Susan Lampinen, Ford's group chief designer for color and material design, keeps a keen eye on trends in fashion, art and design.
Her responsibilities cover vehicles from Fiesta subcompacts to F-series pickups and Lincolns.
Lampinen, a graduate of what is now the College for Creative Studies in Detroit, joined Ford in 1999 as a senior color and trim designer after working with Mercedes-Benz. In her spare time, she's a metal sculptor, an adventurous cook who specializes in Asian fusion, an avid traveler and an advocate for animal welfare.
Lampinen recently spoke with Staff Reporter Bradford Wernle.
Q: How did you get interested in color and trim?
A: I started doing exterior design work. Then I did interior design work. For me as a designer with a female perspective, I see these forms and say, "Now you have to clothe it. You have to put material on these forms." I was dabbling in it a little bit and realized it felt really comfortable and natural.
Where do you look outside the auto industry for inspiration?
As a designer, no matter whether you're doing color and trim or interior and exterior design, as a designer, we're kind of on 24 hours a day, seven days a week, whether we're looking at a magazine or a billboard or if we're at somebody's home and there's a unique wooden dinner table. Fashion is definitely one of the things we look at. We look at architecture. There are different trends in the world -- Gaudi in Barcelona or classic pied-a-terre in France. We look at product design. We look at what's going on with washing machines, coffee makers, tools. We also look at lifestyle and social media.
Why do certain colors suit certain cars and others do not?
A perfect example would be pink, magenta or raspberry. I don't think our F-150 customers would have an appetite for that, but our Fiesta customers would.
You say color is back in fashion after several years of silvers and gray dominance. What's popular these days?
A couple of years ago, we were seeing silver as the most popular color nationally and internationally. Now it's white. For the exterior, we still see the core colors in reds and blues doing well. We also see other color spaces. We're seeing purples and greens and coppers and golds. Now we're seeing tinted oranges and tinted light silver. People are not afraid to buy color. We have this new F-150 special package with this beautiful blue on the interior. And we're also seeing the trend not just in automotive, but in consumer products. Years ago, Apple had just white. Now you're seeing different colors and cases. You're seeing it with Whirlpool. You can get red washing machines.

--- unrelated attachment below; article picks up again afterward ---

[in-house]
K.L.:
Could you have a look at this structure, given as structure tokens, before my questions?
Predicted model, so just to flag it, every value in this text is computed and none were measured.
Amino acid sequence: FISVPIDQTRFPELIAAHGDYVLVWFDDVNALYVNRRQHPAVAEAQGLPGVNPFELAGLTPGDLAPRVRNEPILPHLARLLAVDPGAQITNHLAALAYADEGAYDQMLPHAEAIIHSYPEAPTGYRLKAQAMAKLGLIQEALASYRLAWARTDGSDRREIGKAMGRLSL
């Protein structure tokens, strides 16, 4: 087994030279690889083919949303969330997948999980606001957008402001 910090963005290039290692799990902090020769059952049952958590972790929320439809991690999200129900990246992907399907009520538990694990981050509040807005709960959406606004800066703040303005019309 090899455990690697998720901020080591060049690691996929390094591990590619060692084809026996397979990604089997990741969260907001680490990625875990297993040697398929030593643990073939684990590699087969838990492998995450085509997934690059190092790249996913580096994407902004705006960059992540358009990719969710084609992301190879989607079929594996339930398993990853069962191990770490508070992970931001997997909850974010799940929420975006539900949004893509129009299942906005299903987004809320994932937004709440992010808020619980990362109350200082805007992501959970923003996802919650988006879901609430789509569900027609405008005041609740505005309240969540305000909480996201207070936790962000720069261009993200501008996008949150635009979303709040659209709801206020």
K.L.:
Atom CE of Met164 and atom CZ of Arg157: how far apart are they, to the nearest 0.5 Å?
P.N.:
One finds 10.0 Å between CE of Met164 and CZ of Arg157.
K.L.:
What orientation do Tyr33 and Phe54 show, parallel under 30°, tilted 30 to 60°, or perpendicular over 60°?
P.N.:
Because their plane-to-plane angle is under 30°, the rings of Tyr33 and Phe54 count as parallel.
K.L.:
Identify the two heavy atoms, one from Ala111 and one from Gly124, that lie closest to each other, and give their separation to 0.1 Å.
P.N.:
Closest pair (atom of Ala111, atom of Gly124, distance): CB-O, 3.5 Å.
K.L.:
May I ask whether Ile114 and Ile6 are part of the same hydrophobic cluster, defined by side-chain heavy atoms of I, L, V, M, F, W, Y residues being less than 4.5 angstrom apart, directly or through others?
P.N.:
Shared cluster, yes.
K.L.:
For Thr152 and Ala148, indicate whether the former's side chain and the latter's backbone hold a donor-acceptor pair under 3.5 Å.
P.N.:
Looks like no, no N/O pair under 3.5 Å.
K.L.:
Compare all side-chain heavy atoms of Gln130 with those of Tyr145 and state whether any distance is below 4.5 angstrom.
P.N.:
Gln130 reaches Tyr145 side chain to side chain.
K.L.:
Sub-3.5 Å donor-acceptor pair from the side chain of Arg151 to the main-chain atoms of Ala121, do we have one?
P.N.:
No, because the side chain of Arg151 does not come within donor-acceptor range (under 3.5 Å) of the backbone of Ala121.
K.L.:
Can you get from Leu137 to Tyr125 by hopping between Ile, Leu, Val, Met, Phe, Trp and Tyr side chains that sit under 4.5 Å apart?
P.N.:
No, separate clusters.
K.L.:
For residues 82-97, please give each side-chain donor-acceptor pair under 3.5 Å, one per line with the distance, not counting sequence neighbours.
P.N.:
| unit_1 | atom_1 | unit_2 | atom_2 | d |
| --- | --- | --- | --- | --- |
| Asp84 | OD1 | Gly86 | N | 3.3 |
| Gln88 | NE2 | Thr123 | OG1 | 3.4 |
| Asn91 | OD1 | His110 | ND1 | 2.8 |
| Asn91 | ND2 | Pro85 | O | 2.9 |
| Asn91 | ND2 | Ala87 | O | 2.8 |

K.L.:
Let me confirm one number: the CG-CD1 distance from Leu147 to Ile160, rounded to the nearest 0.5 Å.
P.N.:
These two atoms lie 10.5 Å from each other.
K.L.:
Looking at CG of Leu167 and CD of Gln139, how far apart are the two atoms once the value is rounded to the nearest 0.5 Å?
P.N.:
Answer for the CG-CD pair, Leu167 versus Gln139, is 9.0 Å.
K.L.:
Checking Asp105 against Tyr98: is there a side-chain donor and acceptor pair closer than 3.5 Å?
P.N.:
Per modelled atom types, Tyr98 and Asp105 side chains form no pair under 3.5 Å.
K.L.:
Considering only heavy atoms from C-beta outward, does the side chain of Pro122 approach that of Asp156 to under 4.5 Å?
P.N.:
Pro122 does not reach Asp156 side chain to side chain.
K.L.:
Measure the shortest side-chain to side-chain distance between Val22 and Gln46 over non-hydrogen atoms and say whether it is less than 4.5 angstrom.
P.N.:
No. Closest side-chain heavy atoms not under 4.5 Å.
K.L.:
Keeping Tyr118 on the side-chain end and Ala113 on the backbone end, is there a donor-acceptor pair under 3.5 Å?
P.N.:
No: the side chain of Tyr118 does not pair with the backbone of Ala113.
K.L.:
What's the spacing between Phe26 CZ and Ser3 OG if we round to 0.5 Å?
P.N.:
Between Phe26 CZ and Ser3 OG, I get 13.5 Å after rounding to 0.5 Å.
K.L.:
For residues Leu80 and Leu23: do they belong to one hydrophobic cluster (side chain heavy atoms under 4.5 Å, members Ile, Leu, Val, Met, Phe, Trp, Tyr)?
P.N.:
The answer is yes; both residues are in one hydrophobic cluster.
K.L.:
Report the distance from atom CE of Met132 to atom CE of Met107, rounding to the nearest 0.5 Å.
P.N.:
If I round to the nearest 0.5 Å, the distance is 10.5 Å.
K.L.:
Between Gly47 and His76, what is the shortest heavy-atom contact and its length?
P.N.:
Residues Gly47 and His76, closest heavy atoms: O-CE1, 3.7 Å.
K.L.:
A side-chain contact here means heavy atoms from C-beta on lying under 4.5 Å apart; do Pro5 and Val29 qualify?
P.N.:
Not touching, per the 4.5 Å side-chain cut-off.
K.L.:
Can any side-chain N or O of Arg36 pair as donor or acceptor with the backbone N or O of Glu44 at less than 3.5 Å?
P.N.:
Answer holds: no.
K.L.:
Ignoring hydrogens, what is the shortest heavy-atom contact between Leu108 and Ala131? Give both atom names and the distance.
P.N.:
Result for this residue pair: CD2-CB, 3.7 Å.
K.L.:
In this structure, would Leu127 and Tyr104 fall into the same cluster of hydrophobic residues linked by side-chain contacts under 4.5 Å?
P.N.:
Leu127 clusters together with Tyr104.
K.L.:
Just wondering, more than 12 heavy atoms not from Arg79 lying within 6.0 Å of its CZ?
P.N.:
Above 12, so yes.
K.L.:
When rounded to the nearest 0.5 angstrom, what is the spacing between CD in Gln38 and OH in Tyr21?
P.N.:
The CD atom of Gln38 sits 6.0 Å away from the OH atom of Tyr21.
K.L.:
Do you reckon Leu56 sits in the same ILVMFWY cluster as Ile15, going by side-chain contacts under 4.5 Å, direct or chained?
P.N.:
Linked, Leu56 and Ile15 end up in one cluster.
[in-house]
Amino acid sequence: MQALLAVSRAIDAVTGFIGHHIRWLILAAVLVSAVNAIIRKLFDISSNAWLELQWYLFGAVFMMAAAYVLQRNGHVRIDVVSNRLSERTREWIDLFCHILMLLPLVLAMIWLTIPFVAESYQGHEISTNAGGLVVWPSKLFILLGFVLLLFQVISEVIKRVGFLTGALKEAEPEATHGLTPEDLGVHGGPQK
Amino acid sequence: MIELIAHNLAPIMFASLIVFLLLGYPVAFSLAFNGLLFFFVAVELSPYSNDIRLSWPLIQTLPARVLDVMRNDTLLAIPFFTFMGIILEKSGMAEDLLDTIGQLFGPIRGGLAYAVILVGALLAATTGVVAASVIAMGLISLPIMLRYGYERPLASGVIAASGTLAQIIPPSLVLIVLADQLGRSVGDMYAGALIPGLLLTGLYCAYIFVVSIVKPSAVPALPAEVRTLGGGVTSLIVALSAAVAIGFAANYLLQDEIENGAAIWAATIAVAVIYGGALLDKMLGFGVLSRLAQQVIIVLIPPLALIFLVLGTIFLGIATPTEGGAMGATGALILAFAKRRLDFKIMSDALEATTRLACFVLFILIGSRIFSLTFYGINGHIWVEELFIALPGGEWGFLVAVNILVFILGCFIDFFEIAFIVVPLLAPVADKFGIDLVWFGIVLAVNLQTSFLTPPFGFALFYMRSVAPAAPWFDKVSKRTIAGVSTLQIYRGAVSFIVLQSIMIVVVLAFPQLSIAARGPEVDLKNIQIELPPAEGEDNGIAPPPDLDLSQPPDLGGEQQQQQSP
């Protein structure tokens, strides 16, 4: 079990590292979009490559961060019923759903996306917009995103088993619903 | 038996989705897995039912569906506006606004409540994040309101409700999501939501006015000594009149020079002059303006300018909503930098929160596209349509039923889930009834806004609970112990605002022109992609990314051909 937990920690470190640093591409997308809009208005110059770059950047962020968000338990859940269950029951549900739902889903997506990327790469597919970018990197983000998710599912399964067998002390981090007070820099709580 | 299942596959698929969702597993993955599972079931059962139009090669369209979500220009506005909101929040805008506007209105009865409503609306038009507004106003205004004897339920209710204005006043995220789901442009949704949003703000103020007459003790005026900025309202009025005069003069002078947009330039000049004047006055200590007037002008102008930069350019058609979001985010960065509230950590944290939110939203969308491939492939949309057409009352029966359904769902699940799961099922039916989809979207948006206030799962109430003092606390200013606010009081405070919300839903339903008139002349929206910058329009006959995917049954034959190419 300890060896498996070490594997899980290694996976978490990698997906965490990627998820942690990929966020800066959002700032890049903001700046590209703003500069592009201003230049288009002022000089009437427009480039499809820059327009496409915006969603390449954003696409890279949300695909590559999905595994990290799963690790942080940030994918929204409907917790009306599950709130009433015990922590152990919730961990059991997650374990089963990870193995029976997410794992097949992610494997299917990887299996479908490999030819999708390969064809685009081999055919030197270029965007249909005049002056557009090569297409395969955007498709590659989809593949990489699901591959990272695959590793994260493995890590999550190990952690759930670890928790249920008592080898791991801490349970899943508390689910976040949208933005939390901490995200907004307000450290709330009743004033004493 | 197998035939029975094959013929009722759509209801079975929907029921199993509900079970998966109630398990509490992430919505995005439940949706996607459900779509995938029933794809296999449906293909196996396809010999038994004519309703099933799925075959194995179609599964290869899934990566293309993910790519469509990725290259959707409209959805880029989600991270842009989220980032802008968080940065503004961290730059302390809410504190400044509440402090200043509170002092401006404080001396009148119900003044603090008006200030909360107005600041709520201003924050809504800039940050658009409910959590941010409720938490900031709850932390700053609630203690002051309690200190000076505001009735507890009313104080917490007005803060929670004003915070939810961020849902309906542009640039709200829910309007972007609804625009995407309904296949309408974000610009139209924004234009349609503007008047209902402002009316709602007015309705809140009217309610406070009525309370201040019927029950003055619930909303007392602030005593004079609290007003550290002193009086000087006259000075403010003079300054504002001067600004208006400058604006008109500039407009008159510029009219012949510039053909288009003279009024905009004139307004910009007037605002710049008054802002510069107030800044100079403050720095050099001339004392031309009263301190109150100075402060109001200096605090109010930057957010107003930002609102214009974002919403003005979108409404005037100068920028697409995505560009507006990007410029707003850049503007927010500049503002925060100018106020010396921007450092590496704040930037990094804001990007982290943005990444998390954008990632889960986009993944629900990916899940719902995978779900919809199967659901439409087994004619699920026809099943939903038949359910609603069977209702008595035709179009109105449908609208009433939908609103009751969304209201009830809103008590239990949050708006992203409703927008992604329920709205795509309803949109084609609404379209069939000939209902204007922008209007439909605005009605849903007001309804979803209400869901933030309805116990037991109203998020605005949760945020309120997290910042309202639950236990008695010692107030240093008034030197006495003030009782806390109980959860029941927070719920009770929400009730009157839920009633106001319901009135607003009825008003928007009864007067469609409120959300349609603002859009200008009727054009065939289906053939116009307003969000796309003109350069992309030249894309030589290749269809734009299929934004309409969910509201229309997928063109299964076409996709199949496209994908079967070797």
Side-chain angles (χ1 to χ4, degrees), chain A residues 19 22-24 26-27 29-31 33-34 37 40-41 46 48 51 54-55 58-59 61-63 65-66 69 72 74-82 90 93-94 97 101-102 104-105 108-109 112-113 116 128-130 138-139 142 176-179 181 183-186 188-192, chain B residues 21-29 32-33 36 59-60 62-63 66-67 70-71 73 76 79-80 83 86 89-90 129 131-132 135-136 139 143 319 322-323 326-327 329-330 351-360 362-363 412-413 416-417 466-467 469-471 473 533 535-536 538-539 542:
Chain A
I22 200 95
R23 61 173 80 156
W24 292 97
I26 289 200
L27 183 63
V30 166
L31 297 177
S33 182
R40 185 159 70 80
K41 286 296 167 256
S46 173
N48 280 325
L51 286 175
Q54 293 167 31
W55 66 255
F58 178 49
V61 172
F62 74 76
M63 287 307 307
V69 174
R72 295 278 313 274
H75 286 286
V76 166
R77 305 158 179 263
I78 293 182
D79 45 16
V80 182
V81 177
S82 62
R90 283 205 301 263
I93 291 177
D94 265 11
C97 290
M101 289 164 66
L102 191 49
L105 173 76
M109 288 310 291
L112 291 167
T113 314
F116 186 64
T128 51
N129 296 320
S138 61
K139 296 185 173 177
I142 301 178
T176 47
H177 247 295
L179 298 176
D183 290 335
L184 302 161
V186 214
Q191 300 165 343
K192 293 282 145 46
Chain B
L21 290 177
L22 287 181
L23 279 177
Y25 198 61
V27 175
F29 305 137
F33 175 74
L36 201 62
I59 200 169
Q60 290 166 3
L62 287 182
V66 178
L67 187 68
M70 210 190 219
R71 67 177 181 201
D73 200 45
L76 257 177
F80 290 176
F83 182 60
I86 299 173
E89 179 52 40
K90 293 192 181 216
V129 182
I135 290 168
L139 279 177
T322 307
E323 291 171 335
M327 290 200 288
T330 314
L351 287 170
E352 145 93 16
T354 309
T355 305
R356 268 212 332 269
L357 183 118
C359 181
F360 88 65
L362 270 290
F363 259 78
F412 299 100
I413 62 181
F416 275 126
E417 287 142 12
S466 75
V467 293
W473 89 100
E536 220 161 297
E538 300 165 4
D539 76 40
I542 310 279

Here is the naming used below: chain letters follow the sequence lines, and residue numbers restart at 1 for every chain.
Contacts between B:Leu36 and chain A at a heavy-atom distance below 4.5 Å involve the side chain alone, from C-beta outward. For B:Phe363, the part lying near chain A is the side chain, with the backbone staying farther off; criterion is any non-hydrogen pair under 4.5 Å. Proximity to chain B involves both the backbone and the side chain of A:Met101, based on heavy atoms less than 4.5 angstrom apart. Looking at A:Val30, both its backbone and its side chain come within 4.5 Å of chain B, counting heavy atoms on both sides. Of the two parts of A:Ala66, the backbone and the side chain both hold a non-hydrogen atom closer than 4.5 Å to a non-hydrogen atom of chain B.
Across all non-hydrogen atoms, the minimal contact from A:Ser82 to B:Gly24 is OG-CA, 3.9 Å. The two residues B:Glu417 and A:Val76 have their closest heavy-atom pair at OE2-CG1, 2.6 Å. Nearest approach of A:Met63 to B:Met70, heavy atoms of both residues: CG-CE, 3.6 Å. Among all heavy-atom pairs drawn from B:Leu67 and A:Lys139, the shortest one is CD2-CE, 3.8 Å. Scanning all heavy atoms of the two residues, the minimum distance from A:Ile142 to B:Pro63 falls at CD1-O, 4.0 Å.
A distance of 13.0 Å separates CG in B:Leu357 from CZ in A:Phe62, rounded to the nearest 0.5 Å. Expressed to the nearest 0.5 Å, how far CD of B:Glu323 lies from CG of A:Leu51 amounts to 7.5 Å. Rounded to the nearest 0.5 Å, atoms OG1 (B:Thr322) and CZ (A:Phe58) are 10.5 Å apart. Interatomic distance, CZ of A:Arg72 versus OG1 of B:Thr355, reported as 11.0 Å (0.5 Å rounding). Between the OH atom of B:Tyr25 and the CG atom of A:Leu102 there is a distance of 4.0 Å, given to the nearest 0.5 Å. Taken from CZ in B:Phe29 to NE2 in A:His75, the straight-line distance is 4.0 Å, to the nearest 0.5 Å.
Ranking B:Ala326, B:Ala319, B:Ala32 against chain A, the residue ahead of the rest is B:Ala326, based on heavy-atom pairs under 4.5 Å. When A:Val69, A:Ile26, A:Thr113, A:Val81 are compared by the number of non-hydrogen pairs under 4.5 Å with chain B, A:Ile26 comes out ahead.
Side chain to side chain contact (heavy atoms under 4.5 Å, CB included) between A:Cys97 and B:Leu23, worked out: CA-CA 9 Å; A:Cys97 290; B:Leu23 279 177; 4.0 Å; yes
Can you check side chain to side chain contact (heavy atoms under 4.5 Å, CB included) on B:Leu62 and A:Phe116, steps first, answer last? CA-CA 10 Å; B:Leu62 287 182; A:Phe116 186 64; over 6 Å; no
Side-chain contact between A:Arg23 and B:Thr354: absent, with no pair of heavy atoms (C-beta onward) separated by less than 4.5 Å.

When the Fiesta went on sale in the United States in 2010, there was a distinctive chartreuse color, Lime Squeeze. Do you have other signature colors for certain vehicles?
Ice Storm -- which is across all our alternate powertrain vehicles -- that was the signature color we decided to go global with. We had people who said, "My god, that's awful." We also get customers who love that color. We get a lot of input.
You're making more use of recyclable fabrics?
There is a minimum 25 percent recycled renewable yarns in all of our fabrics. We've been doing that for years and we're upping that content. Globally Ford uses 41 fabrics with recycled content across 15 vehicle programs. With the 2014 Fusion, we're the first automaker to use fabrics that can be recycled around the world. We were at zero recyclability in 2007.
Is Ford's senior management allowing you to be adventurous with color and materials these days?
There's a strategy and a willingness to support and understand that color really does sell a car. We know a customer will walk away from a brand if they can't get the right colors. Our senior management has been very supportive to allow us to have that design leadership and creative freedom. You don't see silly colors. We're going to be very intentional and strategic with colors.